The recent case of Stella Nyanzi should act as a reminder that there's something else we should be cautious about when we're online - sharing our opinion of powerful people.
We are all told that we should be careful about how much information we share on the internet. To most of us, that means we should take care with our financial and personal information. By this point, the majority of us know that we shouldn't enter our bank details on websites which don't appear to be secure, or leave our full name and address in places where strangers can see them. The recent case of Stella Nyanzi should act as a reminder that there's something else we should be cautious about when we're online - sharing our opinion of powerful people.
In case you missed it, Stella Nyanzi is currently in jail for insulting the President of Uganda. Nyanzi, who is a pro-feminism activist and a long-term critic of President Museveni, was sentenced to eighteen months in prison because she used crude language in a poem she posted to her Facebook account about his three-decade rule of the country. She was charged with cyber harassment under the 2011 Computer Misuse Act, which some critics believe us being used to silence opponents of the Museveni government.
In typical style, Nyanzi has shown contempt for her sentence. She reacted to her imprisonment by baring her breasts during her appearance in court, and is yet to confirm whether she intends to appeal. If she does, she may face a harsher sentence; the maximum sentence for the offense she was convicted of is three years. Supporters of the President feel she got off lightly, and may push for harsher treatment if she were to appear before a judge again.
Criticizing Museveni is nothing new for Nyanzi. She's been criticized in the past for referring to him as 'a pair of buttocks,' although she wasn't charged with any offenses on that occasion. The poem which attracted the attention of prosecutors was a poem which was labeled as a tribute to the President's birthday, and contained use of language too offensive to reproduce here. She continued to use Facebook to discuss her trial up to to the point of her imprisonment, claiming that Ugandans are living under a dictatorship.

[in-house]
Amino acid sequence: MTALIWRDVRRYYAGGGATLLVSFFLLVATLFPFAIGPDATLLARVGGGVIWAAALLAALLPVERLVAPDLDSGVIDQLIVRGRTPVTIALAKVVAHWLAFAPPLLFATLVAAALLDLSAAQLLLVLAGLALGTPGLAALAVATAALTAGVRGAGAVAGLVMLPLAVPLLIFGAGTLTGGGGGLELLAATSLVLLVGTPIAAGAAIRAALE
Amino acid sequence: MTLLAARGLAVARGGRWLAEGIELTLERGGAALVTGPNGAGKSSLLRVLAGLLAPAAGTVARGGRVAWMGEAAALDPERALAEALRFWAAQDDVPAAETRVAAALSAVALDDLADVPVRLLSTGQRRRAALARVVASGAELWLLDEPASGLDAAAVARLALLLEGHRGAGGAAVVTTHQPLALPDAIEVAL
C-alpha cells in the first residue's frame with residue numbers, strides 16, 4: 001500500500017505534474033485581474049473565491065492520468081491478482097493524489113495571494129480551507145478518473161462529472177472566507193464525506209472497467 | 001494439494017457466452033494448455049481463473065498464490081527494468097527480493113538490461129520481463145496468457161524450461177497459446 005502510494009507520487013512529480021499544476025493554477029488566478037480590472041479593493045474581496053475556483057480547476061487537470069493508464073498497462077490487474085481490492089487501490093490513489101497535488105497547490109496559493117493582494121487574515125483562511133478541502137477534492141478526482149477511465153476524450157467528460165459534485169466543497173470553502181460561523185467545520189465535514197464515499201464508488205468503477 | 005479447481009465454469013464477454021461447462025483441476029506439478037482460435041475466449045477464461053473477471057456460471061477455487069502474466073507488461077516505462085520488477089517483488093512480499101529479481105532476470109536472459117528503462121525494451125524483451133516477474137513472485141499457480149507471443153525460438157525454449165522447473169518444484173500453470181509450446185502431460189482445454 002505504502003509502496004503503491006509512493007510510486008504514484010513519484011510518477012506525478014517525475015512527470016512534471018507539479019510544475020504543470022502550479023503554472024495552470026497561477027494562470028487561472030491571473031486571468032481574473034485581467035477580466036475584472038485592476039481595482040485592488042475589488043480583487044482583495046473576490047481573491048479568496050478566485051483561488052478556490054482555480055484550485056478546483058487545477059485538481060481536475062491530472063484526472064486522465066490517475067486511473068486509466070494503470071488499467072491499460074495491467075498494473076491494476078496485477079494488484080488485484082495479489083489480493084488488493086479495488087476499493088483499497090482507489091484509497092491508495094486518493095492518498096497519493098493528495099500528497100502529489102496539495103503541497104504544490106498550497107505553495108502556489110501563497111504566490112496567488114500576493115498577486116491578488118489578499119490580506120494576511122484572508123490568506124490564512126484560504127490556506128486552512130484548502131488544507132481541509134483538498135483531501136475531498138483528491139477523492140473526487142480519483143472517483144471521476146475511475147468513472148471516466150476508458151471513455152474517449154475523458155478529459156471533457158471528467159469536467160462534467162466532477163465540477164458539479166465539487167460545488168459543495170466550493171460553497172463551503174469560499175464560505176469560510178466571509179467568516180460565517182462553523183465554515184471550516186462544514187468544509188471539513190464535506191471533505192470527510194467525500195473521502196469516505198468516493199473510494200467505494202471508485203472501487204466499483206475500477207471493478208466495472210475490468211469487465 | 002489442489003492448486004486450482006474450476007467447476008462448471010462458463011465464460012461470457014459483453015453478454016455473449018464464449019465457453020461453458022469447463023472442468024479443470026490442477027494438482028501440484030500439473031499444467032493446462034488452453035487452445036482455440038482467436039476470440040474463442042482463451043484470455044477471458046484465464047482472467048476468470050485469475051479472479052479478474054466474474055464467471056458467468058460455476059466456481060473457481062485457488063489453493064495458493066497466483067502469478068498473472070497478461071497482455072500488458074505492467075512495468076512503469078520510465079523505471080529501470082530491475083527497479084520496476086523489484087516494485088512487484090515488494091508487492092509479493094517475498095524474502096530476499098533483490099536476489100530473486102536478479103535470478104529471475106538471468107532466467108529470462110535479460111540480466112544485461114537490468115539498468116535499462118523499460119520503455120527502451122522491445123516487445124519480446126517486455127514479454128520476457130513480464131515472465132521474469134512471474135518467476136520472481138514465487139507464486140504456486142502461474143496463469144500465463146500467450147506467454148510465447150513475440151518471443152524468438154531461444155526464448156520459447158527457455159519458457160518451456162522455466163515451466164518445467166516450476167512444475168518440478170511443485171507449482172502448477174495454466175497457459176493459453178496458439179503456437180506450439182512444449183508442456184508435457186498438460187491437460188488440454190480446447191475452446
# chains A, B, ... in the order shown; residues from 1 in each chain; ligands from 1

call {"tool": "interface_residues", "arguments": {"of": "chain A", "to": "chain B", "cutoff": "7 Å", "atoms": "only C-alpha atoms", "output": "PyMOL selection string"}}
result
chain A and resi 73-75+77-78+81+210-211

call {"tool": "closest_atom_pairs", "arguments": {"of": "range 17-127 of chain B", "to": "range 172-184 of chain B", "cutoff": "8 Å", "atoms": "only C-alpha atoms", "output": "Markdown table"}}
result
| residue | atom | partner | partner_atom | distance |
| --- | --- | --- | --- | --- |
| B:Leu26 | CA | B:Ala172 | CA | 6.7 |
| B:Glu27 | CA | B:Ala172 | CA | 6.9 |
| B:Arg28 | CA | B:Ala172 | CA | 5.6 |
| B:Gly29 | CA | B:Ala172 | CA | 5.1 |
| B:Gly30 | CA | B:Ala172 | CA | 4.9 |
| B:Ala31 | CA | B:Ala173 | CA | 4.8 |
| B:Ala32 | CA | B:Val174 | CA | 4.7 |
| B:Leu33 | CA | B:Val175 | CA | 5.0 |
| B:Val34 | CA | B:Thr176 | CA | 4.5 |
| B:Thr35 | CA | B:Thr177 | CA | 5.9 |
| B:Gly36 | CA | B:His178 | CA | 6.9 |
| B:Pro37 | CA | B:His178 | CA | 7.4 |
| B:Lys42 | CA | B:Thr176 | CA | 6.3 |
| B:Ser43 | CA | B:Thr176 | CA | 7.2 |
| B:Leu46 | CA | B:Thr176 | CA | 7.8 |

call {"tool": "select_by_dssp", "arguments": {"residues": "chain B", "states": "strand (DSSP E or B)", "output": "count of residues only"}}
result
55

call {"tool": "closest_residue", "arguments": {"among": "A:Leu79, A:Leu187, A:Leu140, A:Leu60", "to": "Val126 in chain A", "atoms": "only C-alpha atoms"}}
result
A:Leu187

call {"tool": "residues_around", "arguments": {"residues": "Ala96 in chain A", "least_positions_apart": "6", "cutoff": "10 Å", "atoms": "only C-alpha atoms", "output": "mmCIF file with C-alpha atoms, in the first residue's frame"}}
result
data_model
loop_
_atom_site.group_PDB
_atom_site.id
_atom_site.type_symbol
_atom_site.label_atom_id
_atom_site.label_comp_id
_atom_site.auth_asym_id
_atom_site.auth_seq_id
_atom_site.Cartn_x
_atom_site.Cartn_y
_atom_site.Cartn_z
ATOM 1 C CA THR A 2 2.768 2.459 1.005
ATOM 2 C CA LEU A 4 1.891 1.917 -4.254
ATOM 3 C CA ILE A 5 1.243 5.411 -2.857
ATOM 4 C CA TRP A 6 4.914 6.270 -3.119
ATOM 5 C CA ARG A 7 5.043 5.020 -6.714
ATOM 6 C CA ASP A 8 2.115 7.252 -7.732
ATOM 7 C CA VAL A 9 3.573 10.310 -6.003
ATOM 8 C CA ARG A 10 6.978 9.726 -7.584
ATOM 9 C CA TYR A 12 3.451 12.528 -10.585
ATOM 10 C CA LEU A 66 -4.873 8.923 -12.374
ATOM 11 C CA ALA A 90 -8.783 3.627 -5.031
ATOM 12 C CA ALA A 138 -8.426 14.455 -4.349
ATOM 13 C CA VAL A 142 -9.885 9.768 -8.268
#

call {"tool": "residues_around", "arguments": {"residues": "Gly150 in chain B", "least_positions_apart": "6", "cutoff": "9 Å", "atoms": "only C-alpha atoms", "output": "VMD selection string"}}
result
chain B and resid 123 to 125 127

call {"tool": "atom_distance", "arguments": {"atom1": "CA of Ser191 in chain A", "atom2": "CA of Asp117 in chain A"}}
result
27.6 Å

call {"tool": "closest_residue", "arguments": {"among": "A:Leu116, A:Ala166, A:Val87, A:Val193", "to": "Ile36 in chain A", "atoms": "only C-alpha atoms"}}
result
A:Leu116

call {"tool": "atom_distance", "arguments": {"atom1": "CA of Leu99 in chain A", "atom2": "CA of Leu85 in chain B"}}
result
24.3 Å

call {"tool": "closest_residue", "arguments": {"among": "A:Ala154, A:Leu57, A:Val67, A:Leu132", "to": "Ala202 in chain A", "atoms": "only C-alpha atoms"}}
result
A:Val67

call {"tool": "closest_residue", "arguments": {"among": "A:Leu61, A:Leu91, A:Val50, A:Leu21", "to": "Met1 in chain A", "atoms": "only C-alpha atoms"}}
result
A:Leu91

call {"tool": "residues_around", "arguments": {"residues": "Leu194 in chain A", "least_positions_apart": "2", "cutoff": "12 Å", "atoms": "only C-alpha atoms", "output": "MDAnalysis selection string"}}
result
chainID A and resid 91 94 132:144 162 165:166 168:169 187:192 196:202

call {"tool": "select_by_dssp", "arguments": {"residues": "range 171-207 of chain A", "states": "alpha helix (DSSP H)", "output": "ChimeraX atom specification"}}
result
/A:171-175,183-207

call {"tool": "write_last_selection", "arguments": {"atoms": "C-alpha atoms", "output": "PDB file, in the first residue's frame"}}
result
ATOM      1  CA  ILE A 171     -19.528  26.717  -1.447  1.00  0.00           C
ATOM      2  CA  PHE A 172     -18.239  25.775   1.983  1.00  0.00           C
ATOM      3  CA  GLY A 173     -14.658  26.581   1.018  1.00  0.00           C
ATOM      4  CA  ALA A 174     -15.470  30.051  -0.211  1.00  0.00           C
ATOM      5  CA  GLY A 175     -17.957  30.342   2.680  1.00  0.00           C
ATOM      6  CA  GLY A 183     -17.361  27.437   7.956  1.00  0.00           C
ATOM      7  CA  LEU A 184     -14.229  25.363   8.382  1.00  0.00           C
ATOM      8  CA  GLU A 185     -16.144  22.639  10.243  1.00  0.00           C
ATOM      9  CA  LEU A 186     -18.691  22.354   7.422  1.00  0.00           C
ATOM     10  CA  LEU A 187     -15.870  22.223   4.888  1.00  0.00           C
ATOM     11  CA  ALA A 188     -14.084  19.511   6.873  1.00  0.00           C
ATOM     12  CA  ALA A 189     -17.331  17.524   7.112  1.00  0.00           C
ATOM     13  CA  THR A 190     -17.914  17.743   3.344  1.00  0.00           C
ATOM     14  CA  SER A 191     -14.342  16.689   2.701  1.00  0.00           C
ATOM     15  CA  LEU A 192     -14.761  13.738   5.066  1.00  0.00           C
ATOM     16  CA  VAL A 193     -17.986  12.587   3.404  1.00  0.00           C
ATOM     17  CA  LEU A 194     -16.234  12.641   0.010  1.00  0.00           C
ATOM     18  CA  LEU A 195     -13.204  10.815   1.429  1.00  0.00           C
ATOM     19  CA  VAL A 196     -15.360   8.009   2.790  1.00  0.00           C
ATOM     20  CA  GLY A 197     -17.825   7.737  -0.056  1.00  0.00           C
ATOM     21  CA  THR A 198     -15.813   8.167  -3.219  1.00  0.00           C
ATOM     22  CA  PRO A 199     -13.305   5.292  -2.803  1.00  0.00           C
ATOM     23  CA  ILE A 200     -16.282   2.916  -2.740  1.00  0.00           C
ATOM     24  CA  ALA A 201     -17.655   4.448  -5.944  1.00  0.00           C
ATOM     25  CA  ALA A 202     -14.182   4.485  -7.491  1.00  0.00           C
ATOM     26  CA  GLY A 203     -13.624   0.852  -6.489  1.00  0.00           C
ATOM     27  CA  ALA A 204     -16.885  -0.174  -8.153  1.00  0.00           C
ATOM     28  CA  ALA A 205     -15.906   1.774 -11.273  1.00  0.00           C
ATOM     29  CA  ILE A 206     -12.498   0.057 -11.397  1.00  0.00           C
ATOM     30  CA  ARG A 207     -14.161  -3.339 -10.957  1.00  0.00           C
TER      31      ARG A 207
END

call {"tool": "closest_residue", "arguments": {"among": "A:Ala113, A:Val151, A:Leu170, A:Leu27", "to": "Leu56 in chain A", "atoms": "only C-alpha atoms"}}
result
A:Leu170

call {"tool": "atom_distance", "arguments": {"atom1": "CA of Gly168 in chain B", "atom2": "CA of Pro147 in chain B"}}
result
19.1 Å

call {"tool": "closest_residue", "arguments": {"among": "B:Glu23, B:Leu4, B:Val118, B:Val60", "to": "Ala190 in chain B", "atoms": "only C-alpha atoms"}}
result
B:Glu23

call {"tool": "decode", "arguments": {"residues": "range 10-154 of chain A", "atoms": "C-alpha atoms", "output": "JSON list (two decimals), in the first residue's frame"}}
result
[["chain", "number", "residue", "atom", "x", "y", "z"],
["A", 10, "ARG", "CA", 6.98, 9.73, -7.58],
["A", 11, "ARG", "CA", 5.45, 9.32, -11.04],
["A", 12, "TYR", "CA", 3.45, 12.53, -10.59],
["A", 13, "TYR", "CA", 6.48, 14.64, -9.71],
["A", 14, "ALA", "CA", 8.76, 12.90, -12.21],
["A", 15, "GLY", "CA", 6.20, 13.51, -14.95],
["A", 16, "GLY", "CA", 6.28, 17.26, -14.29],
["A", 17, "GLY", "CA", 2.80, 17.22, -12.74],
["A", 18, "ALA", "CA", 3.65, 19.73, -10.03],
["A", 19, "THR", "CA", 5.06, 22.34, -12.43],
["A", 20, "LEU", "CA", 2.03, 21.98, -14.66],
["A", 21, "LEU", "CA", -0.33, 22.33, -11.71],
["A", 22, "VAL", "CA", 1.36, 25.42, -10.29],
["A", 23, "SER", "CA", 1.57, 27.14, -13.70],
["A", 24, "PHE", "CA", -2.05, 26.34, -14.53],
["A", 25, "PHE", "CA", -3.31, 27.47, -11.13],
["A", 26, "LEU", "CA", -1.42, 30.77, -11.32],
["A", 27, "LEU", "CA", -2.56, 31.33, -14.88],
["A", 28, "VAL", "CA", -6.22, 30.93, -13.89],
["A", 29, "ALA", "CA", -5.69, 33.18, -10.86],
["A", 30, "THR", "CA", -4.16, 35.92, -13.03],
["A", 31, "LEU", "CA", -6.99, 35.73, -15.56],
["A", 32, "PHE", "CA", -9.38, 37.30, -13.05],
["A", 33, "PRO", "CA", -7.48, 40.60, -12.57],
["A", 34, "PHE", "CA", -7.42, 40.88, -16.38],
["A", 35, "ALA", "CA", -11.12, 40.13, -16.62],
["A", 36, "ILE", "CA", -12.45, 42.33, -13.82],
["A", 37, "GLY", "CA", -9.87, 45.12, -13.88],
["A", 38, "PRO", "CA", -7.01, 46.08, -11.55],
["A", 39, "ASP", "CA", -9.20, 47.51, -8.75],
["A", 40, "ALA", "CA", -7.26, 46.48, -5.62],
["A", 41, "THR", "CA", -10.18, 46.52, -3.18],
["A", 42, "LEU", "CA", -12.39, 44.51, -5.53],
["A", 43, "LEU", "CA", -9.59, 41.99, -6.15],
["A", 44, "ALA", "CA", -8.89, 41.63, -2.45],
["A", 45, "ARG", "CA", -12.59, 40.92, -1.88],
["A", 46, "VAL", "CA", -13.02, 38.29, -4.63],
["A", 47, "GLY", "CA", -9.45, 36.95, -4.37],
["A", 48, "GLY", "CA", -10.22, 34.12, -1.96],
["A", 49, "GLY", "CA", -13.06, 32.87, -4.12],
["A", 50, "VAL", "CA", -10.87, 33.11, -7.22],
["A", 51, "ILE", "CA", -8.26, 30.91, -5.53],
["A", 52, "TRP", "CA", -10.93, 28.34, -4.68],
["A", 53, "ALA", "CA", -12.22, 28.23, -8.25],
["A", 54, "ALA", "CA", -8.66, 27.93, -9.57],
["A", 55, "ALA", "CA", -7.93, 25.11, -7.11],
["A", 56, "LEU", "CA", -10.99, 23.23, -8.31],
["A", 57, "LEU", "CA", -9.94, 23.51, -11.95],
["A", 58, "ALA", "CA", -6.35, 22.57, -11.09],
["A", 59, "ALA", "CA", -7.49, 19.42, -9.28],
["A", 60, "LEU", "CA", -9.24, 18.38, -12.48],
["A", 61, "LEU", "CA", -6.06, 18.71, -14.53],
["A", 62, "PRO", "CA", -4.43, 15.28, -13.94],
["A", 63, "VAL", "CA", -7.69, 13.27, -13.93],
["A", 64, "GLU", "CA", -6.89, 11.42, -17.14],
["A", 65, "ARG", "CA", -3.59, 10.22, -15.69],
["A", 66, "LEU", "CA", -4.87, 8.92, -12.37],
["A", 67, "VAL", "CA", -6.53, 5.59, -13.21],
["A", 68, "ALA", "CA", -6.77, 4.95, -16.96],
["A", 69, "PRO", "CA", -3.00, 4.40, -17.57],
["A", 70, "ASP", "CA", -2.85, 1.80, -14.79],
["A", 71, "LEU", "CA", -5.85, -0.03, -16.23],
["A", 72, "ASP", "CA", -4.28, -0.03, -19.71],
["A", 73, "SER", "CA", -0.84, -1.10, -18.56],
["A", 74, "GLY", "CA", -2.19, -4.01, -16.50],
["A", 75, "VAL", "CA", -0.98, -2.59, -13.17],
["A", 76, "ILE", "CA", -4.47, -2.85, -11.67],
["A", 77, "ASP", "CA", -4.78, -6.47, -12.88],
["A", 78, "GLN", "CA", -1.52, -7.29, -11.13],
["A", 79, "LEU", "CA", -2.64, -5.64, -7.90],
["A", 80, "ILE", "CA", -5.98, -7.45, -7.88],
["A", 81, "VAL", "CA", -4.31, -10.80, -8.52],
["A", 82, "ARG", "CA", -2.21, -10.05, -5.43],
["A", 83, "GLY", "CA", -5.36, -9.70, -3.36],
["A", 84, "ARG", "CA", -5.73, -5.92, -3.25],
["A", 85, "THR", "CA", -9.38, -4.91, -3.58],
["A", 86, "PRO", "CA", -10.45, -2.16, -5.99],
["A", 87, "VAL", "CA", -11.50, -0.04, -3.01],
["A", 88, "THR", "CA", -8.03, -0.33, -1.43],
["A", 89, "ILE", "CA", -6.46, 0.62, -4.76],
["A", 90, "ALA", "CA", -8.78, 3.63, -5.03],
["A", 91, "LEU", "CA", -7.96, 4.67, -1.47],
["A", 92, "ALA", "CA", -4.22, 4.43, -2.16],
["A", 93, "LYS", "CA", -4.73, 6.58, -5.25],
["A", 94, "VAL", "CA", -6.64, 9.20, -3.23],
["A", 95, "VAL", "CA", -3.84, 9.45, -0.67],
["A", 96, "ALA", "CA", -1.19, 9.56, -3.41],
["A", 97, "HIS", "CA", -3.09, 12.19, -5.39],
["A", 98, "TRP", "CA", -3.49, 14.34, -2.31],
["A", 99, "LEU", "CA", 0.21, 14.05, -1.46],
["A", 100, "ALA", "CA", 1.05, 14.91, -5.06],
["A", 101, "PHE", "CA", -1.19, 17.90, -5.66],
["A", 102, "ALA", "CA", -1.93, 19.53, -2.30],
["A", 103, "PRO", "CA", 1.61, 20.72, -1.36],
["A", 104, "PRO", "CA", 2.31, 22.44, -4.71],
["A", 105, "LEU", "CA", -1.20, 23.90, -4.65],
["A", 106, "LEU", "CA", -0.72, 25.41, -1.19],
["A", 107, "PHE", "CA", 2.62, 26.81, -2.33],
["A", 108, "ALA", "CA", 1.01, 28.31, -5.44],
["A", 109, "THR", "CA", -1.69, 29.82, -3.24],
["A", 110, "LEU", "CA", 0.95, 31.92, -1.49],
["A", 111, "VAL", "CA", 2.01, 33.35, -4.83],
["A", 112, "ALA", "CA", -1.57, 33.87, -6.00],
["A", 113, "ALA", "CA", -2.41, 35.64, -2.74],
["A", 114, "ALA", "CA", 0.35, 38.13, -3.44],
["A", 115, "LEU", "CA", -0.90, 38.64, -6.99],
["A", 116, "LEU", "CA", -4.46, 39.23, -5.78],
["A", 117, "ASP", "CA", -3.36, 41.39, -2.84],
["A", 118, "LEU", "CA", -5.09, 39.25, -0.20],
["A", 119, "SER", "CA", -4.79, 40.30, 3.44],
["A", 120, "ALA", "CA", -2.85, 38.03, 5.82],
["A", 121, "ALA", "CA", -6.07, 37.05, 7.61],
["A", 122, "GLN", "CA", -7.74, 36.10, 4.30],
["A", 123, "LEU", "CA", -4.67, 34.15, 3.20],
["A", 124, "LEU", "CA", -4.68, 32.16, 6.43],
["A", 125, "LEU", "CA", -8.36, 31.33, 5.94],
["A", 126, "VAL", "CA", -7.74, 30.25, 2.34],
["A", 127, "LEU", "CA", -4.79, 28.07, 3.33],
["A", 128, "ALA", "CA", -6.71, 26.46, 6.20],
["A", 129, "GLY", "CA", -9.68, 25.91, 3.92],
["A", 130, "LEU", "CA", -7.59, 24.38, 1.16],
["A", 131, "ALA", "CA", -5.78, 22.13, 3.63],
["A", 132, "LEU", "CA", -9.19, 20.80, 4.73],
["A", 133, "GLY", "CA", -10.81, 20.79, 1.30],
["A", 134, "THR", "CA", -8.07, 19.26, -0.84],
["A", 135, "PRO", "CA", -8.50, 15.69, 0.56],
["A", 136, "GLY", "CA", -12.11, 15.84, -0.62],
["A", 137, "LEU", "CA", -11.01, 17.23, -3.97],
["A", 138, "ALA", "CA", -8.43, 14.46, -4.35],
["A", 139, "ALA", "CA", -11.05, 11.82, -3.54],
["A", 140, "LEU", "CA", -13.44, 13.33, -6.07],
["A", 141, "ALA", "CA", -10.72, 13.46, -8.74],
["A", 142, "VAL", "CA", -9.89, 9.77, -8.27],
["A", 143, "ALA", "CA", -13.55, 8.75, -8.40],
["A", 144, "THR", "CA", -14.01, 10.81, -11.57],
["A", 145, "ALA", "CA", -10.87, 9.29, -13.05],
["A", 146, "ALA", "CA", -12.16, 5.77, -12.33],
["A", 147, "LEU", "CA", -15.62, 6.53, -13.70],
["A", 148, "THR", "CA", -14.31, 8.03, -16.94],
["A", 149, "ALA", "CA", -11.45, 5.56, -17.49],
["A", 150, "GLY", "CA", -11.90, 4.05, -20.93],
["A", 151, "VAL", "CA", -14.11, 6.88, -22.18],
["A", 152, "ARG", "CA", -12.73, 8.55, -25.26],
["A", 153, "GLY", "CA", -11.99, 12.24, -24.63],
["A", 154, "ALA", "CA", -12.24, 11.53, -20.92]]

The example of Nyanzi is an extreme one - and a case in which she engaged in targeted abuse against the President - but it should still act as a warning that the things we say on social media can come back to haunt us at a later date. We send tweets and post status updates as easily as we would exchange a sentence with a friend in person, but when we're on social media, we're not having a personal conversation. We're broadcasting to the world, and we can never be sure who's watching or listening. More seriously, when a sentiment is expressed in writing as opposed to being spoken out loud, a negative comment we make about another living person could potentially be viewed as libel instead of slander. Libel tends to carry much harsher legal penalties.